Big Changes for Craft Beer Lovers
Camino moves to new location. Central Standard Distillery opening in July. Plus: new Mexican and Thai-Laotian fare.
Camino, a restaurant known for its craft beer, pierogi, and burgers and located at 434 S. 2nd St., is preparing for a move to 631 W. National Ave. Camino also has a location in West Allis and is known for a big selection of craft brews. Its current list includes 34 choices, including Indeed Brewing’s Pistachio Cream Ale, New Barons Brewing Co-op’s Pecan Porter, and Southern Grist Brewing Company’s Tangerine Black Currant Gauva Hill, a sour beer. As for the restaurant’s move to a slightly different part of Walker’s Point, OnMilwaukee’s Lori Fredrich has the scoop:
“I love our current space,” says owner Casey Rataczak, who recently purchased the new building on National, “but we outgrew it about three years ago. And, ultimately, we’d like to be able to accommodate all of the customers that we have to turn away on the weekends.”
The move isn’t imminent. In fact, the bar is likely to remain in its current quarters until at least May of 2022. But, when it does, customers are in for a treat.
…The [new] building, which has been vacant for at least six years, offers a much larger kitchen space and, at just over 3400 square feet, a footprint that’s nearly three times the size of Camino on South Second.
The new location, he says, will allow for the expansion of their scratch-made food options, which will be overseen by Amanda Cooper, a New York chef who moved to Milwaukee while working for Holiday Inn, and is currently running the kitchens at both Camino locations. Meanwhile, the bar and staff will continue to be managed by Charlie Chaparas.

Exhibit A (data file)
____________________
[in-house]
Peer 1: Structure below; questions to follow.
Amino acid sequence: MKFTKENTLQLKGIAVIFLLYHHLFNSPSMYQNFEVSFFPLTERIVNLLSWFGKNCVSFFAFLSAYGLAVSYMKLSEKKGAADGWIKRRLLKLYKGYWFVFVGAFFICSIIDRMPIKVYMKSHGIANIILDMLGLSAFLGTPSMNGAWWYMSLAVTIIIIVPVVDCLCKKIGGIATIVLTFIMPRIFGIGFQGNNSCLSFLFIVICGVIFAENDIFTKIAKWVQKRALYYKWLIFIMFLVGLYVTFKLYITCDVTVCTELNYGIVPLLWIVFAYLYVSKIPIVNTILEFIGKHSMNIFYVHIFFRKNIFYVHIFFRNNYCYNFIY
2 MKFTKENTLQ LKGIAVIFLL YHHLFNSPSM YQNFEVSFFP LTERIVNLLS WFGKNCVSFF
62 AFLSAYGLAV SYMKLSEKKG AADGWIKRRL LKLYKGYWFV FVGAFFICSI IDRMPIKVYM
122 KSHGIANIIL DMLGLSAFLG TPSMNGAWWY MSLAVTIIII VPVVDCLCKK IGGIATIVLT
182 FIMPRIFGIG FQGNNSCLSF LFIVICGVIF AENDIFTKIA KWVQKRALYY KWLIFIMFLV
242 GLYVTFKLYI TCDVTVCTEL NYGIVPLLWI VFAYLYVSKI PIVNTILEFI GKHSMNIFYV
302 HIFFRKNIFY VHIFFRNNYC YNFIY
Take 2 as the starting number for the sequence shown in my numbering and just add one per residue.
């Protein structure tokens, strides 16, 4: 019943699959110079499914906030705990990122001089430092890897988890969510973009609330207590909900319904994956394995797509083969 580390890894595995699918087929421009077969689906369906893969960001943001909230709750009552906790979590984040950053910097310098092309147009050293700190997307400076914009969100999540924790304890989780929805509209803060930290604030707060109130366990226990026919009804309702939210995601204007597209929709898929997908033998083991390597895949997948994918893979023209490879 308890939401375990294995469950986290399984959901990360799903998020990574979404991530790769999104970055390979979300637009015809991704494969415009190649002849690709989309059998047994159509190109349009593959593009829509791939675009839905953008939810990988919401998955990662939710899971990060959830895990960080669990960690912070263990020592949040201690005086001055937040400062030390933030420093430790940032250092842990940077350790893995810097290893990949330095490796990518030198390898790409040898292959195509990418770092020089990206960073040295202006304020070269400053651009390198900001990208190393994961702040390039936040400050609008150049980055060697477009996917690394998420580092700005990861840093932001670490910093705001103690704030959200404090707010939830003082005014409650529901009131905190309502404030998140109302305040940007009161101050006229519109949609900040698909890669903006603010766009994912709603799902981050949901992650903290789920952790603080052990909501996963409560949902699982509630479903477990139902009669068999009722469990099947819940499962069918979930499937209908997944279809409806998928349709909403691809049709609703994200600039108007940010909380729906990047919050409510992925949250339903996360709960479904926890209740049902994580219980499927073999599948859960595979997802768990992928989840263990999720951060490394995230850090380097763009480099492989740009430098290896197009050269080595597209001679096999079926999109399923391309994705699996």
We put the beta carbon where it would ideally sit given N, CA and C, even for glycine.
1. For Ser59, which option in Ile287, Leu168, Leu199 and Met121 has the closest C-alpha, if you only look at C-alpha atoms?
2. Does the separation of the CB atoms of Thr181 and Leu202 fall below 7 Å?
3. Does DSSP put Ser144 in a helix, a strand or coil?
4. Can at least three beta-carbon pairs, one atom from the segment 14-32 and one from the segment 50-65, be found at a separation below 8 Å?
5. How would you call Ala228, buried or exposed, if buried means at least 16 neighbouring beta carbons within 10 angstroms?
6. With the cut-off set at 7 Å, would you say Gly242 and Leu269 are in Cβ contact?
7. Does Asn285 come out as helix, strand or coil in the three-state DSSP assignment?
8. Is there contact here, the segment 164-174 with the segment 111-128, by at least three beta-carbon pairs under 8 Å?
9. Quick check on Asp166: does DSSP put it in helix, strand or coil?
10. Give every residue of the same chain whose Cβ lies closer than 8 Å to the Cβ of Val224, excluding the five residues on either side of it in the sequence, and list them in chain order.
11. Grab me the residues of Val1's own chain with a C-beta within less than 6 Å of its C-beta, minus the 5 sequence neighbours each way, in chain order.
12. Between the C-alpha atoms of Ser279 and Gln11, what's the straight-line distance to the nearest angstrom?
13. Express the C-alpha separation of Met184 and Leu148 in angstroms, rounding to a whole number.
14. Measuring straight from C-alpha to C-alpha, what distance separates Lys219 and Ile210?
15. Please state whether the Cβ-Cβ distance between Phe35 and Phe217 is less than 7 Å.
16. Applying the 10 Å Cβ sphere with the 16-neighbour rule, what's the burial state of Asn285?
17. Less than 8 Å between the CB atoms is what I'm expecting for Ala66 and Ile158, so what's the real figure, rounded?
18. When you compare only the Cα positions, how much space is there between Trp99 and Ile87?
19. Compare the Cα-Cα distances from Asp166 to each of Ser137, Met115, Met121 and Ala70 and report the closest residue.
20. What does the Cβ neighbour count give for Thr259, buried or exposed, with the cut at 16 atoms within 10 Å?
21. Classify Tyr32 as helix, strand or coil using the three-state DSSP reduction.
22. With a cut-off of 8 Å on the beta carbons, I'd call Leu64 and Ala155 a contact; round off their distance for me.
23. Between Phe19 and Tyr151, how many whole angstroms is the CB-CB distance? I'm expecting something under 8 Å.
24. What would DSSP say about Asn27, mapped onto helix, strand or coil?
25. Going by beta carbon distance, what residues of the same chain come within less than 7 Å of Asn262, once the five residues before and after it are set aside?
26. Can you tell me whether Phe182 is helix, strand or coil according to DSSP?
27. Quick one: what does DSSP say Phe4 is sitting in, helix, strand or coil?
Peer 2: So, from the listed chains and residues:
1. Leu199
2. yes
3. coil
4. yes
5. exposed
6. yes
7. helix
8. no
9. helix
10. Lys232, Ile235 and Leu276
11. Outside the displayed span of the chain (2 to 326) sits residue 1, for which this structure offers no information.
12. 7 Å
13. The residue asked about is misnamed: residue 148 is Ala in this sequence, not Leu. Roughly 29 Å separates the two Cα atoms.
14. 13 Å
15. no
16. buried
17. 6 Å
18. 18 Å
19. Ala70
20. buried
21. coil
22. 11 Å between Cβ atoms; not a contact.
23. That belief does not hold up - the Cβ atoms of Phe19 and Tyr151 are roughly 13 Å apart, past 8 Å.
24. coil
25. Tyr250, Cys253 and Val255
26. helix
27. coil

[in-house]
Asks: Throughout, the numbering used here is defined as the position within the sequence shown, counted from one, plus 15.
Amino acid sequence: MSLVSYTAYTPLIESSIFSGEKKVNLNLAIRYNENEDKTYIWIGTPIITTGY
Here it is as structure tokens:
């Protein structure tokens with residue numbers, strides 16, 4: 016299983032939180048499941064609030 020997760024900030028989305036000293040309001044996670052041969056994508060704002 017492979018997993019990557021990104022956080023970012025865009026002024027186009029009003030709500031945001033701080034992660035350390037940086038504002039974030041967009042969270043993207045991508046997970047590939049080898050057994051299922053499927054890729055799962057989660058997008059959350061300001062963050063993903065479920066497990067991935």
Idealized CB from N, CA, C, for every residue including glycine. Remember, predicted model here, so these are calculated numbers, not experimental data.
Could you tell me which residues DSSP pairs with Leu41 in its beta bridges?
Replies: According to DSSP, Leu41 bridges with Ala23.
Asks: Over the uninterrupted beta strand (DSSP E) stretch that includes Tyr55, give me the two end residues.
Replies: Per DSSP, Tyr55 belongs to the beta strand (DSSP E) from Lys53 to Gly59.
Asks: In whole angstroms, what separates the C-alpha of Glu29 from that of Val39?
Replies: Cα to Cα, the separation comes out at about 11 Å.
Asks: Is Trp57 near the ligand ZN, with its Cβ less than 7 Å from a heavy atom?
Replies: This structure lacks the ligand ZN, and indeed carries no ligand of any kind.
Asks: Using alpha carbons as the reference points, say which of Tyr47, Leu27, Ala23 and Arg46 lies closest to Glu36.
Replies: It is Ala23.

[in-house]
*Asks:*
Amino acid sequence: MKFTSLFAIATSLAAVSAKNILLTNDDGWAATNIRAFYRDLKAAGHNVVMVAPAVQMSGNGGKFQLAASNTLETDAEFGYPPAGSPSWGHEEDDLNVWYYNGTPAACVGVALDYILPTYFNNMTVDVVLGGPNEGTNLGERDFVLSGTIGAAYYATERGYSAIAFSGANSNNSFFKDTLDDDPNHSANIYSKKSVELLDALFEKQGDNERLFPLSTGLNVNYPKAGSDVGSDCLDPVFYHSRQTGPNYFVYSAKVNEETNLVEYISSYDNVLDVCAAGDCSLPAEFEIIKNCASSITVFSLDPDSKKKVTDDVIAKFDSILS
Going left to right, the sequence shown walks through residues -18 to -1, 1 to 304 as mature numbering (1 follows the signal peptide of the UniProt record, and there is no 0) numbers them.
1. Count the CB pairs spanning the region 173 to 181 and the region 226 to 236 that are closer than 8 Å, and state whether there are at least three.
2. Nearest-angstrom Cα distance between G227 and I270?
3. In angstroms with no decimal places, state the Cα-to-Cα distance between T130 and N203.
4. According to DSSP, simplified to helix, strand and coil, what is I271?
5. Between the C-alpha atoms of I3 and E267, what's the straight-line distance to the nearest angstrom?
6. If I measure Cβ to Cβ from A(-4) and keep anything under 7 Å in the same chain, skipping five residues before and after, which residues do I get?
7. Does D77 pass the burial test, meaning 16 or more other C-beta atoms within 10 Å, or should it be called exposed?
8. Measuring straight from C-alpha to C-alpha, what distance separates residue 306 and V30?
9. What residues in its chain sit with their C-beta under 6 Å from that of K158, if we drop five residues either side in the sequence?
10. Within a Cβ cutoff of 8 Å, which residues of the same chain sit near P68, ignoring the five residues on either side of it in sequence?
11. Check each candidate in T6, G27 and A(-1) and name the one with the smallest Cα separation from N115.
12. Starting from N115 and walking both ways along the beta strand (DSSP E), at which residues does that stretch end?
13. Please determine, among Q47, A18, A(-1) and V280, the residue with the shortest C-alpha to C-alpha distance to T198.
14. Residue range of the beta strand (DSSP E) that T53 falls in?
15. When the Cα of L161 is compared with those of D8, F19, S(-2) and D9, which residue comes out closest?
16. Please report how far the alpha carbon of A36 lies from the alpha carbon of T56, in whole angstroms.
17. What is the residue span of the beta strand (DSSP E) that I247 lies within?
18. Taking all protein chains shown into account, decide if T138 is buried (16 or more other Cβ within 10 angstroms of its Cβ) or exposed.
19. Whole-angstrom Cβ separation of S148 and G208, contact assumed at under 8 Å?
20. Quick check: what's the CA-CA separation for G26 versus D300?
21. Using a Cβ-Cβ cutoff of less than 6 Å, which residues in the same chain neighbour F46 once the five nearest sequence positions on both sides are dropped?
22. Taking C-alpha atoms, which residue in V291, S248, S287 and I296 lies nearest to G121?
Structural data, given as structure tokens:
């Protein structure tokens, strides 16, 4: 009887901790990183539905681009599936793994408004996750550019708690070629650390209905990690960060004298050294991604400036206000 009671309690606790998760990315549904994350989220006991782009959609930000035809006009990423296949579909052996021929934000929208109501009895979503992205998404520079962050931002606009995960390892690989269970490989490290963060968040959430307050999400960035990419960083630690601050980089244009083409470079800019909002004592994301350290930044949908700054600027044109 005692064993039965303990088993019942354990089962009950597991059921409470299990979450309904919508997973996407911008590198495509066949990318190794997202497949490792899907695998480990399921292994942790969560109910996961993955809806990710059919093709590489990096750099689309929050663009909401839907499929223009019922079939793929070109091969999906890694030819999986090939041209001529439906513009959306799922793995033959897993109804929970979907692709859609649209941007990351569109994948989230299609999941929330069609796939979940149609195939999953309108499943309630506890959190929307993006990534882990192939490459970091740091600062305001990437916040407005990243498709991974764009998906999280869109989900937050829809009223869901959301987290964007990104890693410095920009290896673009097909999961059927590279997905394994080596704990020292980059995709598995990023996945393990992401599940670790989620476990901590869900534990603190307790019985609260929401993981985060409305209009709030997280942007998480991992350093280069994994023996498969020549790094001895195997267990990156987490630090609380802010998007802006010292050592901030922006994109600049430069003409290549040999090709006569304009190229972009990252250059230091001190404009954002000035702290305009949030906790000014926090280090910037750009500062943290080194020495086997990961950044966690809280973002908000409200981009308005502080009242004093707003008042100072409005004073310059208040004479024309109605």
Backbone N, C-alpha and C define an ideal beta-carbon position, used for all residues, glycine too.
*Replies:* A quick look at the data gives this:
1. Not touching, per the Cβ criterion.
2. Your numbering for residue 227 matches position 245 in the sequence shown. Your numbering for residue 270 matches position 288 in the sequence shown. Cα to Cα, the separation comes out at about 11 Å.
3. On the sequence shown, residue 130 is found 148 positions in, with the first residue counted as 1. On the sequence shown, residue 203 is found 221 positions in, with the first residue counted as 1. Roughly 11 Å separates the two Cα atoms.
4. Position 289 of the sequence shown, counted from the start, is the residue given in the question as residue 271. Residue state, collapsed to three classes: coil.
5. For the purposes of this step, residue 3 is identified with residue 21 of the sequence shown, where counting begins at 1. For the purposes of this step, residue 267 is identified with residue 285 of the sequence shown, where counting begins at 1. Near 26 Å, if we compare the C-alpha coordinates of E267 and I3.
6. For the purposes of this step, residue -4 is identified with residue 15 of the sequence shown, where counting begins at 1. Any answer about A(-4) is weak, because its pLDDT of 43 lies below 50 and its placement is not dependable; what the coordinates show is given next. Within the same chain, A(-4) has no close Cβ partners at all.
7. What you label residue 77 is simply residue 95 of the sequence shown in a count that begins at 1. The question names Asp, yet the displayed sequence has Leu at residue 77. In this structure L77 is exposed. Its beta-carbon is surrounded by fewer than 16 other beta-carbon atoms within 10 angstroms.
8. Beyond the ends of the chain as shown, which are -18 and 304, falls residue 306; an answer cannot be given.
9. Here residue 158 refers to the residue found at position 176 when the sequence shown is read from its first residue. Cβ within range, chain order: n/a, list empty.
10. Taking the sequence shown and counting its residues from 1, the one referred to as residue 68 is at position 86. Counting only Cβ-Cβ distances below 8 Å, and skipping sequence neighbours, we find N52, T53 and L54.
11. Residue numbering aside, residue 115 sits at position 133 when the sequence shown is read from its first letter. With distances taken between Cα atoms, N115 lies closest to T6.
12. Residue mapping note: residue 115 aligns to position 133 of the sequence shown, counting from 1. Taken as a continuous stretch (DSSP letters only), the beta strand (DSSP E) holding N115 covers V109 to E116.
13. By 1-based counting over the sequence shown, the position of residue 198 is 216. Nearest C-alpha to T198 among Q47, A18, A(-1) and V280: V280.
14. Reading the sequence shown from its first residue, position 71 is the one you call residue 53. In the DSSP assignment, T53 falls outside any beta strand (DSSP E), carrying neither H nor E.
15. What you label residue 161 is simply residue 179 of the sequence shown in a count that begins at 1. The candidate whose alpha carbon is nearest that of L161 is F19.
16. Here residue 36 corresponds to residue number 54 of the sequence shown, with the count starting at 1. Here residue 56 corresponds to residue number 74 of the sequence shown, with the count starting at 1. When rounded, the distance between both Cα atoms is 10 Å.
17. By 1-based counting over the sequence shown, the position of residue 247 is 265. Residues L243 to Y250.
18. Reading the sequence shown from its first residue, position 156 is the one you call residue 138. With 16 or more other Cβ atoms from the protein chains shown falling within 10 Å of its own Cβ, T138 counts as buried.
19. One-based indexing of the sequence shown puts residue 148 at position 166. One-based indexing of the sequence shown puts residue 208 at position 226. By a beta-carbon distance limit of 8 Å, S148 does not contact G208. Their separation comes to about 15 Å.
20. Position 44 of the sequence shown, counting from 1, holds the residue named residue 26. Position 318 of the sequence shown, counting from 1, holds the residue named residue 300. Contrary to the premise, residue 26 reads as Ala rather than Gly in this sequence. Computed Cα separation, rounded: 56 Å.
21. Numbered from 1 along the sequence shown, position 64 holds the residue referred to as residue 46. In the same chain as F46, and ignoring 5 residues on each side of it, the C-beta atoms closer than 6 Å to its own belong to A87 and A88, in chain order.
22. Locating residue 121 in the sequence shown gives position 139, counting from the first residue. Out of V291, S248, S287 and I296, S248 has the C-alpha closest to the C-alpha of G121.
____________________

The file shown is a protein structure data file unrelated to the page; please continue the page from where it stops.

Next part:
Central Standard Craft Distillery Gets Seven Times Larger
Central Standard Craft Distillery has announced it will open its downtown production facility on July 22. The facility will operate in the historic former Wisconsin Leather Co. building at 320 E. Clybourn St. BizTimes’ Maredithe Meyer reports:
The 11,700-square-foot building, which was purchased by Central Standard in January, will undergo a multi-million dollar renovation project, which will include a tasting room, restaurant, rooftop patio, private events space, and third-floor office space. It will house a 100-gallon pot still, producing the spirits served and sold on site…
The business has already booked its first corporate event and wedding at the location, said co-founder Evan Hughes in a news release.
“Please mark July 22 on your calendar and plan to join us as we raise a glass to everything in Milwaukee becoming a bit closer to normal,” he said.
…Central Standard’s new facility will be seven times larger than its Walker’s Point location on South 2nd Street. Built in 1874, the Historic Edward Townsend mix-designed building has housed many tenants, including the Wisconsin Leather Co., and most recently exotic art and furniture store From Afar.
New Breakfast Place For Tosa
Angela Smith and her husband, Bennie Smith, the co-owners of Daddy’s Soul Food & Grille (754 N. 27th St.) are opening a new breakfast restaurant in Wauwatosa. Daddy’s On Bluemound will be located at 6108 W. Bluemound Rd., a popular area for restaurants, and will celebrate its grand opening March 9. The Journal Sentinel’s Evan Casey reports:
They’re trying to mimic what they do best at that popular location here in Wauwatosa.